American Federation of Teachers president Randi Weingarten urged teachers today to support member evaluations linked to student achievement scores, a measure long opposed by many educators.
While Weingarten supports the use of test scores, she called for a teacher evaluation system that measures whether "a teacher's students show real growth" in the classroom, instead of simply comparing scores from one year to another.
The head of the 1.4 million-member AFT offered a harsh critique of the current teacher rating system, which she compared to "a football team watching game tape once the season is over."
"Let's think about that game tape for a minute," she said. "Coaches and players view it throughout the season and in preparation for every game. Why? To deconstruct and understand what's working and what isn't, so that necessary changes can be made. The goal is constant improvement and, of course, winning."
The speech comes one week before the deadline for states to file applications for the $4.35 billion Race to the Top stimulus grant competition. In order to compete, states must be willing to evaluate teachers based on student test scores.
"Up until now, Education Secretary Arne Duncan has really had a corner on the market when it comes to discussing teacher evaluations," said Andrew Smarick of the Thomas B. Fordham Institute, a nonprofit education policy group in Washington, D.C. "Randi [Weingarten] is trying to create the opportunity to say that, 'No, unions have a big voice in this too.'"
Weingarten was also critical of the "fault lines in many labor-management relationships" exposed by the Race to the Top application process. "A program designed to put a premium on collaboration among stakeholders has, in too many instances, done just the opposite," said Weingarten, an attorney and former teacher who ran the New York City teachers union for a decade before taking over the national group last year.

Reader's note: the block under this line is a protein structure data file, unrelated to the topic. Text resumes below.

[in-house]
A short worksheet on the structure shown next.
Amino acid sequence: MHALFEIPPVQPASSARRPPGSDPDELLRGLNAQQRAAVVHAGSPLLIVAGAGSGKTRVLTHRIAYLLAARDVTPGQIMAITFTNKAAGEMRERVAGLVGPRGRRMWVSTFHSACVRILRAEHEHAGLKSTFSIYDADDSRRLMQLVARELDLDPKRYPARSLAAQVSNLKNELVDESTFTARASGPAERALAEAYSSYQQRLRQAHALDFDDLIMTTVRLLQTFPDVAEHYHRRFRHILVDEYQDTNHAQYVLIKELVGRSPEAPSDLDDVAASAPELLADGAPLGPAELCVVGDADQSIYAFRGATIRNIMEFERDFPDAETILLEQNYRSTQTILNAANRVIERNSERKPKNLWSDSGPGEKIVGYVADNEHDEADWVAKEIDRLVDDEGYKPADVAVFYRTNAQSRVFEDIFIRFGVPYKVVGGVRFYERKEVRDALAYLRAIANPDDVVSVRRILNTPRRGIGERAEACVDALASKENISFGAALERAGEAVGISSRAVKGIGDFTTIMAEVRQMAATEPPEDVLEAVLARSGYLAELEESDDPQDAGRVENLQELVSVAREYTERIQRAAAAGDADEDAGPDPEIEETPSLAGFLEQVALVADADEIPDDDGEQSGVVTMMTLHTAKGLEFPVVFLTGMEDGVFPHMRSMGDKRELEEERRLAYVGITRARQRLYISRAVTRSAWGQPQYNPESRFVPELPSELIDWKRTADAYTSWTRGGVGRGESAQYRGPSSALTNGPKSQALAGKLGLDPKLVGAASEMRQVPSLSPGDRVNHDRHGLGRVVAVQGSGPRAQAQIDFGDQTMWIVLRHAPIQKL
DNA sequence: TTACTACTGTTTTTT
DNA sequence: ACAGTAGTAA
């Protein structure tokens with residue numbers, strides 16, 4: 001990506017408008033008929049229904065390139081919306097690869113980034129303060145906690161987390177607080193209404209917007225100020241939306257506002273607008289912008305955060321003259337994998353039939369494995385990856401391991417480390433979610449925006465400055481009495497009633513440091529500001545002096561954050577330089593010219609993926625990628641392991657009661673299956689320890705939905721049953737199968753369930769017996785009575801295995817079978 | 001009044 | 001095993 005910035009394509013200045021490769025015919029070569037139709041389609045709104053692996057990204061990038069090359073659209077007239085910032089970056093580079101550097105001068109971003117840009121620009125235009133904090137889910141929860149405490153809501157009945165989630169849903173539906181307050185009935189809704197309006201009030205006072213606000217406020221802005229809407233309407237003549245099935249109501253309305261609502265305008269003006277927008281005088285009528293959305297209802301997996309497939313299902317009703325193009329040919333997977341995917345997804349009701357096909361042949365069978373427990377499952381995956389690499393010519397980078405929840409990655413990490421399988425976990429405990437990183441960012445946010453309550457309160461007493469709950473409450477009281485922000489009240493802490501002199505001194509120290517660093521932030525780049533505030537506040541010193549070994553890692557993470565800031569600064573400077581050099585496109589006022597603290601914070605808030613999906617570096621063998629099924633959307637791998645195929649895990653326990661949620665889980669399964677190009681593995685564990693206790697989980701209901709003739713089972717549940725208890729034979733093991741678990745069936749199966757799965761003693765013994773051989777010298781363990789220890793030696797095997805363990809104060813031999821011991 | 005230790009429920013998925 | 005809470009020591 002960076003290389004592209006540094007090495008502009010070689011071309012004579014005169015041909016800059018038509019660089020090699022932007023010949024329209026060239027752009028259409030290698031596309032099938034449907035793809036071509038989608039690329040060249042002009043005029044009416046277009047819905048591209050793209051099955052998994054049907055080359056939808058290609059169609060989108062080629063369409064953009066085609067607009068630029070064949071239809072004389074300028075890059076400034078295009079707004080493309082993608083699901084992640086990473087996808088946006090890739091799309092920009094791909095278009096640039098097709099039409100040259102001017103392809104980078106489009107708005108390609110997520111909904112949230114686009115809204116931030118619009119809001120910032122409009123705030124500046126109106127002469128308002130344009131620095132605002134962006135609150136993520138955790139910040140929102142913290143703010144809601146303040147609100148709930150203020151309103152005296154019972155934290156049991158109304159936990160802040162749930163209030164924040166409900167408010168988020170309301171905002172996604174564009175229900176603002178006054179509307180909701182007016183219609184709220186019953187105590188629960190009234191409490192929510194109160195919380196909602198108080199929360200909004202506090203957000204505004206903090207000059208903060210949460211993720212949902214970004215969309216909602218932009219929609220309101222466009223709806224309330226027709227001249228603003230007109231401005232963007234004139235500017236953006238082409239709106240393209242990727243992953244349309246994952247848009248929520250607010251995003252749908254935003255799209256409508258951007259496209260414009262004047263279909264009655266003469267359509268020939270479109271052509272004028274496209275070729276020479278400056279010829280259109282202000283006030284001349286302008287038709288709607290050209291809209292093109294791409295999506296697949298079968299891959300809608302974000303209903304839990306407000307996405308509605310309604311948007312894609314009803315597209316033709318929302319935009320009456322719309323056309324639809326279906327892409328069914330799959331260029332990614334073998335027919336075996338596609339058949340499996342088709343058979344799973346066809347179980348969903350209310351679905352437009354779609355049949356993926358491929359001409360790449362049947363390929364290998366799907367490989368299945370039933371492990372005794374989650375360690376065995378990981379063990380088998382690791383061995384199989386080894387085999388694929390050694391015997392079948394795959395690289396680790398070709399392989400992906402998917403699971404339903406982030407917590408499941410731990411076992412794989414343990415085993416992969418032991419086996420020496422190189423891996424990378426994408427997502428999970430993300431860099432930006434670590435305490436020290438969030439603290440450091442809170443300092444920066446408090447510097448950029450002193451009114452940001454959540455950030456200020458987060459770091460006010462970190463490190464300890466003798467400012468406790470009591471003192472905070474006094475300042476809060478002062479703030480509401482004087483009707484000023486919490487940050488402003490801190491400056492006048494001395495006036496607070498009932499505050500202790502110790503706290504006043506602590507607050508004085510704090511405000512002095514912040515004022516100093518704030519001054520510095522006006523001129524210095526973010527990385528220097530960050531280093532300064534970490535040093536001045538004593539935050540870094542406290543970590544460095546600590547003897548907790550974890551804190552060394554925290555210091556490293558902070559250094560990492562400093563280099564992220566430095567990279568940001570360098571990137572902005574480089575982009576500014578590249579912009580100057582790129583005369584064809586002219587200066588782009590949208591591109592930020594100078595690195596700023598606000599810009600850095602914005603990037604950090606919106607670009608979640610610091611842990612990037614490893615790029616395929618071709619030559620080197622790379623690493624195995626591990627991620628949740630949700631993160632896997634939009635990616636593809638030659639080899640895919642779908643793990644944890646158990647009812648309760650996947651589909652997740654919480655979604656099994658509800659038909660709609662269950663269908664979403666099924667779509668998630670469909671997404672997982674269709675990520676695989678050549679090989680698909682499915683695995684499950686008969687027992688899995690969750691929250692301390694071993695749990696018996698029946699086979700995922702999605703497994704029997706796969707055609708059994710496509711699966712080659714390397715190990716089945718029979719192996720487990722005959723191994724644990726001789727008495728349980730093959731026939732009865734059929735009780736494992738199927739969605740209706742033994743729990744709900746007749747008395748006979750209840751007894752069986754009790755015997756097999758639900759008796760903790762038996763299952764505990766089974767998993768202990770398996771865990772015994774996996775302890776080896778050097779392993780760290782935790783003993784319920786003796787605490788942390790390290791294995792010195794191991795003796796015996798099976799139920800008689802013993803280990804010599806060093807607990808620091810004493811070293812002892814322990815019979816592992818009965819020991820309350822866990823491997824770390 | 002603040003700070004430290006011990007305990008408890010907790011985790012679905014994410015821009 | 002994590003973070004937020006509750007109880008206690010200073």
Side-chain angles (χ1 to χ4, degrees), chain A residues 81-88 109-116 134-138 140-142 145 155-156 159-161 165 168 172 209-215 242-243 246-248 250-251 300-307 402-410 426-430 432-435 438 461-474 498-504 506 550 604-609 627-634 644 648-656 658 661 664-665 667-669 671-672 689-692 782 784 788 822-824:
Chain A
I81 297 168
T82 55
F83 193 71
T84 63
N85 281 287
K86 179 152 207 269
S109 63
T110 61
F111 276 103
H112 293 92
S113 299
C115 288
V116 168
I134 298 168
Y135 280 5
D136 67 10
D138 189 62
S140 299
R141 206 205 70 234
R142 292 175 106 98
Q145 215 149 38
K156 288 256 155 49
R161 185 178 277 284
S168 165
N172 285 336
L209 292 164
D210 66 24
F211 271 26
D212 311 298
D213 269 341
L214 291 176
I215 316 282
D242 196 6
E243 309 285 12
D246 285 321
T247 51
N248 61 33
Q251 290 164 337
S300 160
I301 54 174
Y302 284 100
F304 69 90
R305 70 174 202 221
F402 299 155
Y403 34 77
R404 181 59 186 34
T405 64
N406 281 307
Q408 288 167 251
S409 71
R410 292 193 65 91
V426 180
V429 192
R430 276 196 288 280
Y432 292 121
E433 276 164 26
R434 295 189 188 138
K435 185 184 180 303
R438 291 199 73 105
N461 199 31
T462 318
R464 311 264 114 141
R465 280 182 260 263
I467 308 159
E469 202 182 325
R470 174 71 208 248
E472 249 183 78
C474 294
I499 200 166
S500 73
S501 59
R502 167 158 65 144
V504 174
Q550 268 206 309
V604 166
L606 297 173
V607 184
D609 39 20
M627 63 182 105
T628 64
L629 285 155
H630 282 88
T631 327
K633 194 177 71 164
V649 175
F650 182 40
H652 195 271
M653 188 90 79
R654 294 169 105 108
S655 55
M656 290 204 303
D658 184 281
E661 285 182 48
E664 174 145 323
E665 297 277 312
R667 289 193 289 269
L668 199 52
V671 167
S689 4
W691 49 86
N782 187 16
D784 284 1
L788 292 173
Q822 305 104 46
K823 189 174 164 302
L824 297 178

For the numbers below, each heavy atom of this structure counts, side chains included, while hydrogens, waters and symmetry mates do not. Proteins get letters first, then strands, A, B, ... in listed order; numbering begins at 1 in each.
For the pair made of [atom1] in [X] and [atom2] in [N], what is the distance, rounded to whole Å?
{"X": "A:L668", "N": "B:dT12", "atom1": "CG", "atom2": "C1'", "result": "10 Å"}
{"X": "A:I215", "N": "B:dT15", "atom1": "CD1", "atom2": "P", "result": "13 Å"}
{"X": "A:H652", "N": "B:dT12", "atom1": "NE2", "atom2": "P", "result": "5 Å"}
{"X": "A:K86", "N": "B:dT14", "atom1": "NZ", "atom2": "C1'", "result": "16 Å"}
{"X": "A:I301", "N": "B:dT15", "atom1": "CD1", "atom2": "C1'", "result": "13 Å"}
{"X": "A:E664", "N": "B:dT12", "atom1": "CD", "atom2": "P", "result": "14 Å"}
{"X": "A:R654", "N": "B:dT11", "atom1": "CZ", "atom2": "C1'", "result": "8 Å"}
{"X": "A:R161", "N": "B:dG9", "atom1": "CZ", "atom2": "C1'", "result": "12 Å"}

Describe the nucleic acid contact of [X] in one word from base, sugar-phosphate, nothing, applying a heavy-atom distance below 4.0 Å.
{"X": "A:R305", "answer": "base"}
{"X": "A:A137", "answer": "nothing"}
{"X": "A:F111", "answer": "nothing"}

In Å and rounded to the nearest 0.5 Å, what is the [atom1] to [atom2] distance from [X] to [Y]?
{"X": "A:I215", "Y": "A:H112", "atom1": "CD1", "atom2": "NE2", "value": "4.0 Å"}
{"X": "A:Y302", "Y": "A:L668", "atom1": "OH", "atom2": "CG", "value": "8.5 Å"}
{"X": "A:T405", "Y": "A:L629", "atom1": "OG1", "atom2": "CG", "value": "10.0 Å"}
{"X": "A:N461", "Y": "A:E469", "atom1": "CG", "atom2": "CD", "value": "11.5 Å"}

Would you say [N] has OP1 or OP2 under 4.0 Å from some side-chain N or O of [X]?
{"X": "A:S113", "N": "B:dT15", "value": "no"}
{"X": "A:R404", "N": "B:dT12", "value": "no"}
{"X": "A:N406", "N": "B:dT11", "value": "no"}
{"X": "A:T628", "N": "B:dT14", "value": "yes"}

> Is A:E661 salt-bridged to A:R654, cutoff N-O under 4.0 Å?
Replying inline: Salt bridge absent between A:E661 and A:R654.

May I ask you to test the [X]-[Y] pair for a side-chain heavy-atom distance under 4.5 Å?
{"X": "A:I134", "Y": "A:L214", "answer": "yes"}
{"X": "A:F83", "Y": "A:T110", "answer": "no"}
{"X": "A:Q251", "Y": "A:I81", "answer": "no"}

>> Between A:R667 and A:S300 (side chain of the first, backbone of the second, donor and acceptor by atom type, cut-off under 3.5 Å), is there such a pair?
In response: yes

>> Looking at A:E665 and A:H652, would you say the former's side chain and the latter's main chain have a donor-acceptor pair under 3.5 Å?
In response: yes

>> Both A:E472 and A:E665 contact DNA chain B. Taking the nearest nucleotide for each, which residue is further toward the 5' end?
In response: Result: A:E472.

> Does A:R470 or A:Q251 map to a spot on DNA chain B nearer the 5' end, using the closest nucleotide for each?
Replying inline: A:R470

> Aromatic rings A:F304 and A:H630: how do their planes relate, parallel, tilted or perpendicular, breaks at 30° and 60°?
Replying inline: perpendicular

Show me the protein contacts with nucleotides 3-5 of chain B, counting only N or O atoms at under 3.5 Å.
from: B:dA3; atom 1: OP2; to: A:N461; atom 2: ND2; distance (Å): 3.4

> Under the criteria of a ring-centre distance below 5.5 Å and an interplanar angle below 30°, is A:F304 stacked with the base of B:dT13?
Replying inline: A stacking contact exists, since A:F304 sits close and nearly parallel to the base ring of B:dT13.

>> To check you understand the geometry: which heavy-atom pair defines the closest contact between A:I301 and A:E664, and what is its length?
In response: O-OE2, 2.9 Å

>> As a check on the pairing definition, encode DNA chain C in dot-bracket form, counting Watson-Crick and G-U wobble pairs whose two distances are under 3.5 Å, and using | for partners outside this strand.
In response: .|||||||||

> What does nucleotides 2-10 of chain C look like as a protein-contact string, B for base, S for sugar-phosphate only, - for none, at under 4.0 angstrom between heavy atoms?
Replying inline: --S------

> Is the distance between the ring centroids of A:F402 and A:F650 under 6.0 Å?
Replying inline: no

In several states, such as Florida, Minnesota, Michigan and Louisiana, teachers have threatened to withhold support for their respective state's Race to the Top applications. The administration has placed a large emphasis on states gaining local support in order to compete and the lack of union backing could hurt a state's chance at the federal stimulus money.
Duncan, who was scheduled to attend Weingarten's speech at the National Press Club in Washington, D.C., but backed out because of today's funeral for Vice President Joe Biden's mother, offered his support for Weingarten's call for better evaluations.
"Randi is really showing courage by raising these issues," Duncan said in a statement.
Although Weingarten outlined a detailed vision for teacher evaluations going forward, she stopped short of calling on states to link teacher pay to student achievement, as Duncan has called for in the past.
In addition, the AFT president also announced a new independent effort to develop protocol for handling allegations of teacher misconduct.
"Just as there is a need for due process when dealing with ineffective teaching, there is a need for due process in cases of alleged teacher misconduct," she said.
Weingarten made clear she has "zero tolerance" for teacher misconduct but noted "false allegations do happen, and they destroy much more than a teacher's livelihood. A false allegation can destroy a teacher's life."
Kenneth Feinberg, special master for Troubled Asset Relief Program executive compensation, has agreed to spearhead the effort to streamline disciplinary procedures.